I've been having a ball finding articles about my family. The biggest find for me...was discovering my gr-grandfather's uncle in Congressional records as well as in newspapers. He had left home as a child and didn't return home again until after his father died. It was reported in the newspapers that his elderly mother (my gr-gr-gr-grandmother!) almost went into shock after not seeing him for nearly 37 years. GenealogyBank gave me great insight into his life as a fisherman turned world traveler and the names of his children that he had with his Russian wife and his locations in Russia and Japan back in the 1800s! How cool is that??? :)I can't wait to see what papers you will put up next. Keep up the great work!
I'm going for a two-year subscription, for the price may never be this good again - and with all the new resources being added, who knows how much more genealogy I will be able to access 18 months from now. Look how much new content went up in just six weeks!
...they are the kind of resources that help you to not only use source documents to learn more about your ancestry, but they also help you to put 'meat on the bones' of your genealogy as you work to create a family history. Now, individuals have access to a wide array of great resources, which are centralized and available through a single subscription service. GenealogyBank is quickly becoming a major player in the field.
Right off the bat, you'll notice the servers respond quickly to return hits. In my first two searches I found 2 relevant entries for my ancestors. I expect this new website will be on my 'must visit regularly' lists.
I have never believed in paying for websites, but I finally broke down and subscribed to Genealogybank.com. I was thrilled to have found numerous articles on my family in the Philadelphia (PA) Inquirer. Thanks for your great website.
So far love this site!
Genealogybank has fast become one of my favorite genealogy sites out there. There is a vast variety of information in historical newspapers, and it's long been a source not tapped to its potential. I have filled hundreds, if not thousands, of details for many of my ancestors in New England, especially that information that can be found after 1900, and in items like obituaries. Even historical articles can carry great information. I found where my grandfather, who I never knew, had been involved in a serious incident as a young man.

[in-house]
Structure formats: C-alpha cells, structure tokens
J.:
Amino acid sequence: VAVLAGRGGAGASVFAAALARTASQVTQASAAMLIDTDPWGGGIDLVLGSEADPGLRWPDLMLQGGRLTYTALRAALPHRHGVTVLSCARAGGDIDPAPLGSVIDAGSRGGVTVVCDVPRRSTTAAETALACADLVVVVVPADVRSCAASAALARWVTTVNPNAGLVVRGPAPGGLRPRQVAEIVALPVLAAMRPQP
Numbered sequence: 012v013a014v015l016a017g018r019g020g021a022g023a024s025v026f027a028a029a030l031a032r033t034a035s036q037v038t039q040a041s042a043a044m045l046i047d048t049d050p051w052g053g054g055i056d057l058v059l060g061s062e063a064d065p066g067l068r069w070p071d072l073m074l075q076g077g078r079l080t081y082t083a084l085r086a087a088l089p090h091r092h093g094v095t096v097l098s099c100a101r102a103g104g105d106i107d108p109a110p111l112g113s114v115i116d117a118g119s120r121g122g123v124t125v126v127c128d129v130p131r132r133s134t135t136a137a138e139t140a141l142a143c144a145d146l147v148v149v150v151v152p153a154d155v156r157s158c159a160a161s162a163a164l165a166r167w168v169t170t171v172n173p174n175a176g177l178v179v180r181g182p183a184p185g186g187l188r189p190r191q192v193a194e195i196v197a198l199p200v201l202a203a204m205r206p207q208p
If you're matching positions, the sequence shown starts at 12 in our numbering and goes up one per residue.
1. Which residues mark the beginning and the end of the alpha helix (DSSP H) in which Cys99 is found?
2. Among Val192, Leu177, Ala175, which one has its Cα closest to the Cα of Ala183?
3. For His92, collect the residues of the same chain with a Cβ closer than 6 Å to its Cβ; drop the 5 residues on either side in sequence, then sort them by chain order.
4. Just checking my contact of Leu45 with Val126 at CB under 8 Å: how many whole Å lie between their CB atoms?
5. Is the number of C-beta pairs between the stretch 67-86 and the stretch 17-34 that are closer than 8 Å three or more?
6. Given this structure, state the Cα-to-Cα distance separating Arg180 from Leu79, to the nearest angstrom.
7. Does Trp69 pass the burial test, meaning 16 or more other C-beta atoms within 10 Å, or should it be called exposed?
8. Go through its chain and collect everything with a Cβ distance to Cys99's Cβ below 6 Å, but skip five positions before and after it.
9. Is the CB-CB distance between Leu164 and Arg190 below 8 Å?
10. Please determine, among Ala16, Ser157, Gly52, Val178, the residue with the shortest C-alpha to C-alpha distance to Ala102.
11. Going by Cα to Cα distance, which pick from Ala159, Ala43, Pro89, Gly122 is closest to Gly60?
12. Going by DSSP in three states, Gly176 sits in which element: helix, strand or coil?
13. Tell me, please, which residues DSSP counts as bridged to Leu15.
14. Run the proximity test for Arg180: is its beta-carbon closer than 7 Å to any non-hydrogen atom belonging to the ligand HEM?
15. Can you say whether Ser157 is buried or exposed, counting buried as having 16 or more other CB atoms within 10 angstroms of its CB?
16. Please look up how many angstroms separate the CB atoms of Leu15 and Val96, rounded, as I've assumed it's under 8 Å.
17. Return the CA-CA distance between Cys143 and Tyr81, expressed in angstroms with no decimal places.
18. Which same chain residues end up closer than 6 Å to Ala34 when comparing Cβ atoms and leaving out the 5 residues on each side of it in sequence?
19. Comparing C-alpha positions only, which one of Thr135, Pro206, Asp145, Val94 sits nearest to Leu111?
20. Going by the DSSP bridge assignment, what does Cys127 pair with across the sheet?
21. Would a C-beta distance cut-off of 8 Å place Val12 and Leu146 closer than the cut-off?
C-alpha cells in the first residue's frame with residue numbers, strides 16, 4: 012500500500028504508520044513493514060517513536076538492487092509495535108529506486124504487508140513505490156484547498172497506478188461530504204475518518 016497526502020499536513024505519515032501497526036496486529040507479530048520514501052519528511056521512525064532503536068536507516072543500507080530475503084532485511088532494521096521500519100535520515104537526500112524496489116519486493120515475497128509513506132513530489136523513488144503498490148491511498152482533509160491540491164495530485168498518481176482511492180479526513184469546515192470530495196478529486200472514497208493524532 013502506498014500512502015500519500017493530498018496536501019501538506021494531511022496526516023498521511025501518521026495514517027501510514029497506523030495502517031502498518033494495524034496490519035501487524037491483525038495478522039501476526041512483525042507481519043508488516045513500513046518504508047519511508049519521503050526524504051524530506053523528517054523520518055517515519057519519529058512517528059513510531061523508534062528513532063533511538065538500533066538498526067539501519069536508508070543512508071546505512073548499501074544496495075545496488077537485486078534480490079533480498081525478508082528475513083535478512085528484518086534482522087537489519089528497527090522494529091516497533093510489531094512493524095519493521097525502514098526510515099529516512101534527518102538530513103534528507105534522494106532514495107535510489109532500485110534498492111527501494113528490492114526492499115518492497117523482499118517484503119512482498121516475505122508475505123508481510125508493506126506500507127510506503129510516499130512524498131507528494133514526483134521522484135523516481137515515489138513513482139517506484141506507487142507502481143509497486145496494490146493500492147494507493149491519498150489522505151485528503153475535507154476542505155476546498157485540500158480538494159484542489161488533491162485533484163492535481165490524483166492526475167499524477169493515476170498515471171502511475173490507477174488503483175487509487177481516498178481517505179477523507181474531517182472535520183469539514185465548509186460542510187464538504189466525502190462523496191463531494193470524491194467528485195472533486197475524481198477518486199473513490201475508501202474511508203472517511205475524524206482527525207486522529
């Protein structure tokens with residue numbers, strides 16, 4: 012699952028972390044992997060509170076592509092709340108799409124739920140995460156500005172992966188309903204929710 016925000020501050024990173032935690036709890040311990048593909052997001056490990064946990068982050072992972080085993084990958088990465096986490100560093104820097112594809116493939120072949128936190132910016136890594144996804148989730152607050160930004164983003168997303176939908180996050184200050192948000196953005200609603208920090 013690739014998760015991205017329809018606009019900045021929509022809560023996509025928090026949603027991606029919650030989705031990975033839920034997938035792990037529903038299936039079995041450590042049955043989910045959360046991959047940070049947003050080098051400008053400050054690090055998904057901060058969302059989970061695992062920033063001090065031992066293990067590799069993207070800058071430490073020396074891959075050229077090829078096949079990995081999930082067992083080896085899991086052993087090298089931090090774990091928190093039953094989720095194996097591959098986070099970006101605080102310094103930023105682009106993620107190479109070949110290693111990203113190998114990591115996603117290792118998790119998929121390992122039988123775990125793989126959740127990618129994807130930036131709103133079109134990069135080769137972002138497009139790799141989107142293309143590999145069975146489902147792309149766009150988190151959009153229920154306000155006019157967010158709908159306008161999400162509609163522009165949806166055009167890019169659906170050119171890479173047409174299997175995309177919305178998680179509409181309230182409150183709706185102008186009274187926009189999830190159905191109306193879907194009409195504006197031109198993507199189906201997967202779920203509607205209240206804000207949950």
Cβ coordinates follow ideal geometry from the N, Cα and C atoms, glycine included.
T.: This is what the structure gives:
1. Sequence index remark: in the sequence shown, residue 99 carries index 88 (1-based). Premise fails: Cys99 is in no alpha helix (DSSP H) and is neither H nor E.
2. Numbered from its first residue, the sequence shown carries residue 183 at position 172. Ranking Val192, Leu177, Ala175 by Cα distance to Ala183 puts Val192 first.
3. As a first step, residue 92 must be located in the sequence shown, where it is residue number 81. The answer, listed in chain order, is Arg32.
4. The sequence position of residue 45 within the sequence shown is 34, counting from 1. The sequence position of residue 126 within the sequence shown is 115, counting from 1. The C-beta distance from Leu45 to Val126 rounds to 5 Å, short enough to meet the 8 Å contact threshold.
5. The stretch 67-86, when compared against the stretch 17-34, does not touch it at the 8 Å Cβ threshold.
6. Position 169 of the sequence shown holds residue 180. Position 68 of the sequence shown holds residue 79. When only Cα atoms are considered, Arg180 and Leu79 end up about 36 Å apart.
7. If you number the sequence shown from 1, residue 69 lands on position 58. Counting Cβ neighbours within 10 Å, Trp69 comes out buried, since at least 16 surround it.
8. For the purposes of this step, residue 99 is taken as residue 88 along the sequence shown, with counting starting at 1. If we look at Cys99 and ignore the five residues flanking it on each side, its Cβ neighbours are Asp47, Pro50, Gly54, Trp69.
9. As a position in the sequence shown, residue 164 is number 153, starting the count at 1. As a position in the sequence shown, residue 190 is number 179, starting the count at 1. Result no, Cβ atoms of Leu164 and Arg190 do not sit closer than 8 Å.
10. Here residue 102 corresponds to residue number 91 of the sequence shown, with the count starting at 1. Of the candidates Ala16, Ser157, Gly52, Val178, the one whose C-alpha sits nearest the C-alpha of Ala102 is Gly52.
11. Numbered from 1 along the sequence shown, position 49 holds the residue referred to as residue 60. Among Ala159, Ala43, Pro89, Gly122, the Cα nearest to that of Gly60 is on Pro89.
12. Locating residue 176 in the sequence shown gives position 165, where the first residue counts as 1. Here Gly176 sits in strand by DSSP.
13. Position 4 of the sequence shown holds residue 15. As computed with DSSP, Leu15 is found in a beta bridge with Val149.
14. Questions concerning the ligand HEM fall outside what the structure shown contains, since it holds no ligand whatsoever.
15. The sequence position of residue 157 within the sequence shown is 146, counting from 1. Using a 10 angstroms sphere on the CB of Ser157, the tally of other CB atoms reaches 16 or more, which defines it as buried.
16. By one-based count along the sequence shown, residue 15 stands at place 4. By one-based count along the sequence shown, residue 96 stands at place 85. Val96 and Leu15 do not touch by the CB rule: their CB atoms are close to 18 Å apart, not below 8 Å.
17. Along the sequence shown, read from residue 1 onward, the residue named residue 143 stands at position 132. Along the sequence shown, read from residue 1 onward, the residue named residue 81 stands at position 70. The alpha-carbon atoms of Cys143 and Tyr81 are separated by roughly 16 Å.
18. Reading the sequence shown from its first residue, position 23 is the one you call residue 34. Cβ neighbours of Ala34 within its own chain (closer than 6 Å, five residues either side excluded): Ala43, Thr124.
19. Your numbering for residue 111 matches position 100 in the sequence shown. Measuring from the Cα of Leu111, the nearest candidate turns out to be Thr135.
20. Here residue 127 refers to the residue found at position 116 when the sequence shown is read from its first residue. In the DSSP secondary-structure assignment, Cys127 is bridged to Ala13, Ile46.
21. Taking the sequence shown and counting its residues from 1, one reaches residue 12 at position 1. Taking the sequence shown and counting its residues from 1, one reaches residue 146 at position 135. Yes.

I have been researching the Jewish community of Duluth, Minnesota, for the last five years and have found your website incredible! To date I am sure I have found over 3,000 newspaper articles regarding many families. Thank you so much. When I share the information with others they are amazed what is possible to find! For some, as one person told me: 'It is like opening a bank vault and gold coins falling out or drinking water from a fire hose.'
I just received my renewal and I wanted you to know that this is my all-time favorite site. I often refer this site to people that have told me that they are researching. The feedback that I get is wonderful. Thank you so much for your ongoing work. You have no idea what this site means to so many people.
GenealogyBank is a must-have for online genealogy! I've been using it for a long time now, well over a year. The quality of the results I find far outweigh what I get most any other place.
Recently I was contacted by someone who had seen a photo I posted online. The photo was of a WWI unit, then stationed at Camp Crane prior to being sent to France. His grandfather was in that unit, though not in the photo. In the course of our correspondence, I offered to see if I could find anything on GenealogyBank.com and searched for his ancestor. Turned out the man had written home telling of his experiences with life at Camp Crane and the letter had been posted in the local paper. It was a treasure trove for the grandson, who is writing a book about his grandfather's war-time experiences, but also for me as the details are likely very similar to what my own grandfather knew.
I had looked at this site online, started to fill out the information, then decided I didn't really need to do this right now. Yesterday I got a call from a very nice young man at GenealogyBank. He wasn't pushy but did present the benefits of this web site. He asked me to give him one name I was interested in researching, which I did. Within 30 seconds, he had pulled up several newspaper articles, one of which had a picture of this individual. That's all it took for me to sign up on the spot! I do have a problem with this site, though. None of my housework got done yesterday, and I missed several of my TV shows! Thank you for a great source of information.
I hoped to find a few old obituaries at first, but never expected to find death notices in high German in the Cincinnati Volksfreund; family names in articles in the society pages of the Cleveland Plain Dealer (1900); advertisements for The Crescent Hotel of Eureka Springs Arkansas (hotel manager 1928); murder suicide in 1868 Cleveland Plain Dealer; many marriage announcements, some with photographs and so much more. I look forward to your newsletters announcing new records in the collections so that I can once again “flesh out” my family tree research.
I want to be young again because of GenealogyBank. I could have completed all my years of research in minutes with this service. I have so much more I want to learn and now I have this resource right in my living room.